3. material achievement
Save for occasional minor local conflicts, easily quelled by the World Police, the race was now a single social unit for some four thousand years. During the first of these millennia material progress at least was rapid, but subsequently there was little change until the final disintegration. The whole energy of man was concentrated on maintaining at a constant pitch the furious routine of his civilization, until, after another three thousand years of lavish expenditure, certain essential sources of power were suddenly exhausted. Nowhere was there the mental agility to cope with this novel crisis. The whole social order collapsed.
We may pass over the earlier stages of this fantastic civilization, and examine it as it stood just before the fatal change began to be felt.
The material circumstances of the race at this time would have amazed all its predecessors, even those who were in the true sense far more civilized beings. But to us, the Last Men, there is an extreme pathos and even comicality, not only in this most thorough confusion of material development with civilization, but also in the actual paucity of the vaunted material development itself, compared with that of our own society.
All the continents, indeed, were by now minutely artificialized. Save for the many wild reserves which were cherished as museums and playgrounds, not a square mile of territory was left in a natural state. Nor was there any longer a distinction between agricultural and industrial areas. All the continents were urbanized, not of course in the manner of the congested industrial cities of an earlier age, but none the less urbanized. Industry and agriculture interpenetrated everywhere. This was possible partly through the great development of aerial communication, partly through a no less remarkable improvement of architecture. Great advances in artificial materials had enabled the erection of buildings in the form of slender pylons which, rising often to a height of three miles, or even more, and founded a quarter of a mile beneath the ground, might yet occupy a ground plan of less than half a mile across. In section these structures were often cruciform; and on each floor, the centre of the long-armed cross consisted of an aerial landing, providing direct access from the air for the dwarf private aeroplanes which were by now essential to the life of every adult. These gigantic pillars of architecture, prophetic of the still mightier structures of an age to come, were scattered over every continent in varying density. Very rarely were they permitted to approach one another by a distance less than their height; on the other hand, save in the arctic, they were very seldom separated by more than twenty miles. The general appearance of every country was thus rather like an open forest of lopped tree-trunks, gigantic in stature. Clouds often encircled the middle heights of these artificial peaks, or blotted out all but the lower stories. Dwellers in the summits were familiar with the spectacle of a dazzling ocean of cloud, dotted on all sides with steep islands of architecture. Such was the altitude of the upper floors that it was sometimes necessary to maintain in them, not merely artificial heating, but artificial air pressure and oxygen supply.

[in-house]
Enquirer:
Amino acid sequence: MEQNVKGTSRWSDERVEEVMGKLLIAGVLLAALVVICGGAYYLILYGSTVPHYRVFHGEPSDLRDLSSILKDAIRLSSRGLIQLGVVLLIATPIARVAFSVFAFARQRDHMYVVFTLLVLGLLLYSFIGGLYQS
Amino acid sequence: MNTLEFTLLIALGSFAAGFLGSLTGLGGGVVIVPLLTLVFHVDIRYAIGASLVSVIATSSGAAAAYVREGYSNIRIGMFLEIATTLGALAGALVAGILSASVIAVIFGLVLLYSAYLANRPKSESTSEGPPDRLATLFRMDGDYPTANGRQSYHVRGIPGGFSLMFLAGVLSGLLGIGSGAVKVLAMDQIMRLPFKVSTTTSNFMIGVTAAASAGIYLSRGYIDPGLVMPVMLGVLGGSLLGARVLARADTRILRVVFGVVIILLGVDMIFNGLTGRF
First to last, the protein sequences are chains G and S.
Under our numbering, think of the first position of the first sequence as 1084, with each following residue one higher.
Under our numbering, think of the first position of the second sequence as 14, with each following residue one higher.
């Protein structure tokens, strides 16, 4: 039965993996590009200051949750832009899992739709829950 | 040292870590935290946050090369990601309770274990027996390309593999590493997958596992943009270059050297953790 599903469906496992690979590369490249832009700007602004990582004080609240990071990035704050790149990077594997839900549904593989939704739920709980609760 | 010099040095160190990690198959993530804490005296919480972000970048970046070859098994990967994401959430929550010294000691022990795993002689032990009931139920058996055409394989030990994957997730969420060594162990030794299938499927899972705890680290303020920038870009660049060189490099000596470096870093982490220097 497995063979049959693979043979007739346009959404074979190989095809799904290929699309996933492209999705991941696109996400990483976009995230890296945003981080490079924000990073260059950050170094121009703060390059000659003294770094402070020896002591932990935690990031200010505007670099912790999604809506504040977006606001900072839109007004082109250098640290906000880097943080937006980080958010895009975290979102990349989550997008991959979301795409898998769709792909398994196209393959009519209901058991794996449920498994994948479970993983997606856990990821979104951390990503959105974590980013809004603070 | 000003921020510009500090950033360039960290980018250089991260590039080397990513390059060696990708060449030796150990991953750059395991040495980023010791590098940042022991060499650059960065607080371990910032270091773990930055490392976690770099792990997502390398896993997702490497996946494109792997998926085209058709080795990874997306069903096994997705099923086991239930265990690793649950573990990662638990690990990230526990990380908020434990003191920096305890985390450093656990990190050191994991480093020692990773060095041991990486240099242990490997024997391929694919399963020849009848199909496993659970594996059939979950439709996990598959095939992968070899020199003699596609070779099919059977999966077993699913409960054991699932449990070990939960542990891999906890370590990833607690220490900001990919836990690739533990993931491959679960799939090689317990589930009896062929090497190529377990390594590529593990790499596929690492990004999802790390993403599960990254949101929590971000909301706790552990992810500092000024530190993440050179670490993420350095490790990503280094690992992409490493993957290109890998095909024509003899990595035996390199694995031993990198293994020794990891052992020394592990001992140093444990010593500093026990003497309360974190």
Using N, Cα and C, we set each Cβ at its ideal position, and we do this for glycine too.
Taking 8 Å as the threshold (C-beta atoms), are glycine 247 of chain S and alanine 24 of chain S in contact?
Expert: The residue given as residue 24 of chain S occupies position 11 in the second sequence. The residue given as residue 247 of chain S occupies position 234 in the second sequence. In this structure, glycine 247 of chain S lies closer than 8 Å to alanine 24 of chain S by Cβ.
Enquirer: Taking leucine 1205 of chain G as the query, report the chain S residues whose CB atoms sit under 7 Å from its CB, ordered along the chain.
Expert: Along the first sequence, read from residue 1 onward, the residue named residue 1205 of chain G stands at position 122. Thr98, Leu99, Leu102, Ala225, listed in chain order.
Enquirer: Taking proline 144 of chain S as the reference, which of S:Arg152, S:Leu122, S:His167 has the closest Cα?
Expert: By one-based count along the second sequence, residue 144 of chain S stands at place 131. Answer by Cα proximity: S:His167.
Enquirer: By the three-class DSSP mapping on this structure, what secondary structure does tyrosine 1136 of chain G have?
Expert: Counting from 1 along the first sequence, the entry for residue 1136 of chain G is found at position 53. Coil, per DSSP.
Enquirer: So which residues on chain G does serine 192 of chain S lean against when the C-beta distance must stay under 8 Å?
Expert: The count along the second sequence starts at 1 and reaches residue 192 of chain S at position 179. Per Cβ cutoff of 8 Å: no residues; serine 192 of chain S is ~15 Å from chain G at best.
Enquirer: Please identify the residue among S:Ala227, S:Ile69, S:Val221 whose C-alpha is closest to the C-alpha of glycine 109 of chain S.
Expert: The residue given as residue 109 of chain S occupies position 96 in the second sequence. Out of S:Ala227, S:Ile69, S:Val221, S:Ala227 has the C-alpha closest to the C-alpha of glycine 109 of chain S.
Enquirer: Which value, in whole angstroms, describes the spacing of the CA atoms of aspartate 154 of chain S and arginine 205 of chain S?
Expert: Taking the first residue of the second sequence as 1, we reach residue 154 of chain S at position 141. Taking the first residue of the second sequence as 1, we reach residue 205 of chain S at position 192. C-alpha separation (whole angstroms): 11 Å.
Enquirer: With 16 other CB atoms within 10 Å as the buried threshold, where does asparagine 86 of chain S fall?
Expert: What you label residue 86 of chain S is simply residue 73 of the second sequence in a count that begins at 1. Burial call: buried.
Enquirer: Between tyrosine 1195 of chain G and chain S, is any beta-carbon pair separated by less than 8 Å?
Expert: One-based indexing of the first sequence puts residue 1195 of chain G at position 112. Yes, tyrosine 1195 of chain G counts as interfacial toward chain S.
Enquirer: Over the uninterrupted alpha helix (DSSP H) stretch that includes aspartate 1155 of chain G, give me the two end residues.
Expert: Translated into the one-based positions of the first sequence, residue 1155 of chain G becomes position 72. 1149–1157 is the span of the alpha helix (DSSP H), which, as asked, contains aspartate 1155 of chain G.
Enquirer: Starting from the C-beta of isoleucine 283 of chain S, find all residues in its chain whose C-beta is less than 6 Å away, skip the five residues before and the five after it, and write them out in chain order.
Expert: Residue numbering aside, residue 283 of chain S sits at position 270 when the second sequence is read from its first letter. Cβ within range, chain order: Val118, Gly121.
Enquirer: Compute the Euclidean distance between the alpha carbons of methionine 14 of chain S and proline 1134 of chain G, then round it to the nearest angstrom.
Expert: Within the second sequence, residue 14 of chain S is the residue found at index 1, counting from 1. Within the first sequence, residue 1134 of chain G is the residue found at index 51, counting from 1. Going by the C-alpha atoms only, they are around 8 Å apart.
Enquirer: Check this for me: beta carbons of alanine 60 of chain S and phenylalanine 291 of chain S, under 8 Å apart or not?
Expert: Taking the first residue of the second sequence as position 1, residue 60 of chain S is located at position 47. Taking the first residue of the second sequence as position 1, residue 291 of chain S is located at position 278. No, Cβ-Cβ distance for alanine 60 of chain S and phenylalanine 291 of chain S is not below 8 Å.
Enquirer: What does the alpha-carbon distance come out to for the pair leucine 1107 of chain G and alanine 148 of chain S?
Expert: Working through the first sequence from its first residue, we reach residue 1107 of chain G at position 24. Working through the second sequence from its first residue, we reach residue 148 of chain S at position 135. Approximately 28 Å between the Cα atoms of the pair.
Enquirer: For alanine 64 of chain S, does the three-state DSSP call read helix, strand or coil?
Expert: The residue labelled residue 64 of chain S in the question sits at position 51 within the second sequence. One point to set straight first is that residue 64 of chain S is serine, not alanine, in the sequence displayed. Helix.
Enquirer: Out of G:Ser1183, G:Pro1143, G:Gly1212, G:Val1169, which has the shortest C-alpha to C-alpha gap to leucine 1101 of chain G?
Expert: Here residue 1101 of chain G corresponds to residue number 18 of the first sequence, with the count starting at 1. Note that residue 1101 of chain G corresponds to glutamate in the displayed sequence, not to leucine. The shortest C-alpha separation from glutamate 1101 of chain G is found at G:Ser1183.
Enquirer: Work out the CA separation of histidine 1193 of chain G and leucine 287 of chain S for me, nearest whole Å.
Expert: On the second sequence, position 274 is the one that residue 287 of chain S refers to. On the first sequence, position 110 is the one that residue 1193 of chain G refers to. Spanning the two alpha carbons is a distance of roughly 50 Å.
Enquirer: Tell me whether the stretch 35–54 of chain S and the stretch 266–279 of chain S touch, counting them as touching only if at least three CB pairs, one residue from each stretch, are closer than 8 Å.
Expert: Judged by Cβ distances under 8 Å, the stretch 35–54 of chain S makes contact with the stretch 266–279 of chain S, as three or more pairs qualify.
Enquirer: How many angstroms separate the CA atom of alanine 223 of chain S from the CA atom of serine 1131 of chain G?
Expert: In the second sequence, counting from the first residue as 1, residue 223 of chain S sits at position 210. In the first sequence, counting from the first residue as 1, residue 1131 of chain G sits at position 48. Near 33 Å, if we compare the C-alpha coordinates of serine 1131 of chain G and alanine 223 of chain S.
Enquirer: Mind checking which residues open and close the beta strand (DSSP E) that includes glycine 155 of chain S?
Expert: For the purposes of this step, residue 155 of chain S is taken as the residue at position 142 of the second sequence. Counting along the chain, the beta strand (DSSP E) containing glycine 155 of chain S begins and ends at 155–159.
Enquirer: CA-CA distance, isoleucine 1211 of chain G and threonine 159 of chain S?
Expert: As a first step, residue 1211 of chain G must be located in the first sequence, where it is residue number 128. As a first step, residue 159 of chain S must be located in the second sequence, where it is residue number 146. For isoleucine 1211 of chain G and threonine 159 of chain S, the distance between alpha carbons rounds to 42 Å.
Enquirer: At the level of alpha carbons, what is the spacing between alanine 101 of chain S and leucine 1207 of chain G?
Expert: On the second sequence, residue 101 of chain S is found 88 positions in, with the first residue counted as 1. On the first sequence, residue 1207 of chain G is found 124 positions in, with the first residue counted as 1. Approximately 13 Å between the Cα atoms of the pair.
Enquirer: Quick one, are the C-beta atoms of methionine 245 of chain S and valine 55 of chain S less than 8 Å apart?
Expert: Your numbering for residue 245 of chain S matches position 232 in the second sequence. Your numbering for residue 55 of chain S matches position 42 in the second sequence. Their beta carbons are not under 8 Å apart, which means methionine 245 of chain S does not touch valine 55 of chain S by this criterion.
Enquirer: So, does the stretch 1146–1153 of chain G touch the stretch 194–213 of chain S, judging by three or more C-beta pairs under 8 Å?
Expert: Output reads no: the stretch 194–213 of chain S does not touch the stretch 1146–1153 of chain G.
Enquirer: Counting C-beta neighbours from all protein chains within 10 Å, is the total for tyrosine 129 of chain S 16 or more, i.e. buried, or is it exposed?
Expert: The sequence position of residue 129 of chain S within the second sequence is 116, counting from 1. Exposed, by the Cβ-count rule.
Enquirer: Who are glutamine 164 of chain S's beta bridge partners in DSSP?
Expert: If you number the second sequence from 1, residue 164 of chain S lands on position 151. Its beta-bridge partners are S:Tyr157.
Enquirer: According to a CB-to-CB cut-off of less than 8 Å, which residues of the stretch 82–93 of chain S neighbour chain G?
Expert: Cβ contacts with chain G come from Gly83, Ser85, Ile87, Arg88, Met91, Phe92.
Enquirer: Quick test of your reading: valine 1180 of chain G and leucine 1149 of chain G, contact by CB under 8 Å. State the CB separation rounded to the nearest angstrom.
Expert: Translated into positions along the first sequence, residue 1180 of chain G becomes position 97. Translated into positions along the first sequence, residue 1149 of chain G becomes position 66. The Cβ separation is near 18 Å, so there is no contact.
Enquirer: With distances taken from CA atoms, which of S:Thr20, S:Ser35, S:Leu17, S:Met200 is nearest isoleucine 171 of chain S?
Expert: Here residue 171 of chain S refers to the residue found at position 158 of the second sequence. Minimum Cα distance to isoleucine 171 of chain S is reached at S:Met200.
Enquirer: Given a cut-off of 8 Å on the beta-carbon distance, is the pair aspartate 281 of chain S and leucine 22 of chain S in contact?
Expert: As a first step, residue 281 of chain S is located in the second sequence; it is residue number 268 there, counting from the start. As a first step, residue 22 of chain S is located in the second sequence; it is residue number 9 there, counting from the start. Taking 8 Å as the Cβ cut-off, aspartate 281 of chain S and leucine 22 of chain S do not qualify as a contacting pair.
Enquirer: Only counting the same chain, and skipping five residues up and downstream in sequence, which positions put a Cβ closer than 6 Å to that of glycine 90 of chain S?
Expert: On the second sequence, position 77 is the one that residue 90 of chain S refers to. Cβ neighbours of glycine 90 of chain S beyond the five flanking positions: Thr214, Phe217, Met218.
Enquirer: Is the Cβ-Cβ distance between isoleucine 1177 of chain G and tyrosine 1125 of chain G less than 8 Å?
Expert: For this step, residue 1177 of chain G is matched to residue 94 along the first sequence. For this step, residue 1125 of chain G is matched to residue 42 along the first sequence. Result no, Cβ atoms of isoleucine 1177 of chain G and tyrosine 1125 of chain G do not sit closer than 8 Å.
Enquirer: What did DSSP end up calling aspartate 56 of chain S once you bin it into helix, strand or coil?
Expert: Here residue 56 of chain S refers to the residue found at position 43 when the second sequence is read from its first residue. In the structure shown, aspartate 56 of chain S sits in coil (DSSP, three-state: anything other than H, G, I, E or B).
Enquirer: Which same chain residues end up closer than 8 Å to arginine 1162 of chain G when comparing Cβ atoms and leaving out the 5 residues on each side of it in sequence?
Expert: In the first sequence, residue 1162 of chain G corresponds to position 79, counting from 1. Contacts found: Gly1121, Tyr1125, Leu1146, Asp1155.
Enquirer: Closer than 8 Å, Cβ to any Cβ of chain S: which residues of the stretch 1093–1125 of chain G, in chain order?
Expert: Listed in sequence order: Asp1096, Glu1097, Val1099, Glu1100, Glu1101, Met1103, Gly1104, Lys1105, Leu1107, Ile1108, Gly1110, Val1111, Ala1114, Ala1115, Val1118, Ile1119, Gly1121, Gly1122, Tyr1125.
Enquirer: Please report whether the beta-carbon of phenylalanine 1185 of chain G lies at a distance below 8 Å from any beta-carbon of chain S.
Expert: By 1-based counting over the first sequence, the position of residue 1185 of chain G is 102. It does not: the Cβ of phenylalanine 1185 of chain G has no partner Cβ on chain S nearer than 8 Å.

Between these columns of habitation and industry, the land was everywhere green or brown with the seasonal variations of agriculture, park, and wild reserve. Broad grey thoroughfares for heavy freight traffic netted every continent; but lighter transport and the passenger services were wholly aerial. Over all the more populous districts the air was ever aswarm with planes up to a height of five miles, where the giant air-liners plied between the continents.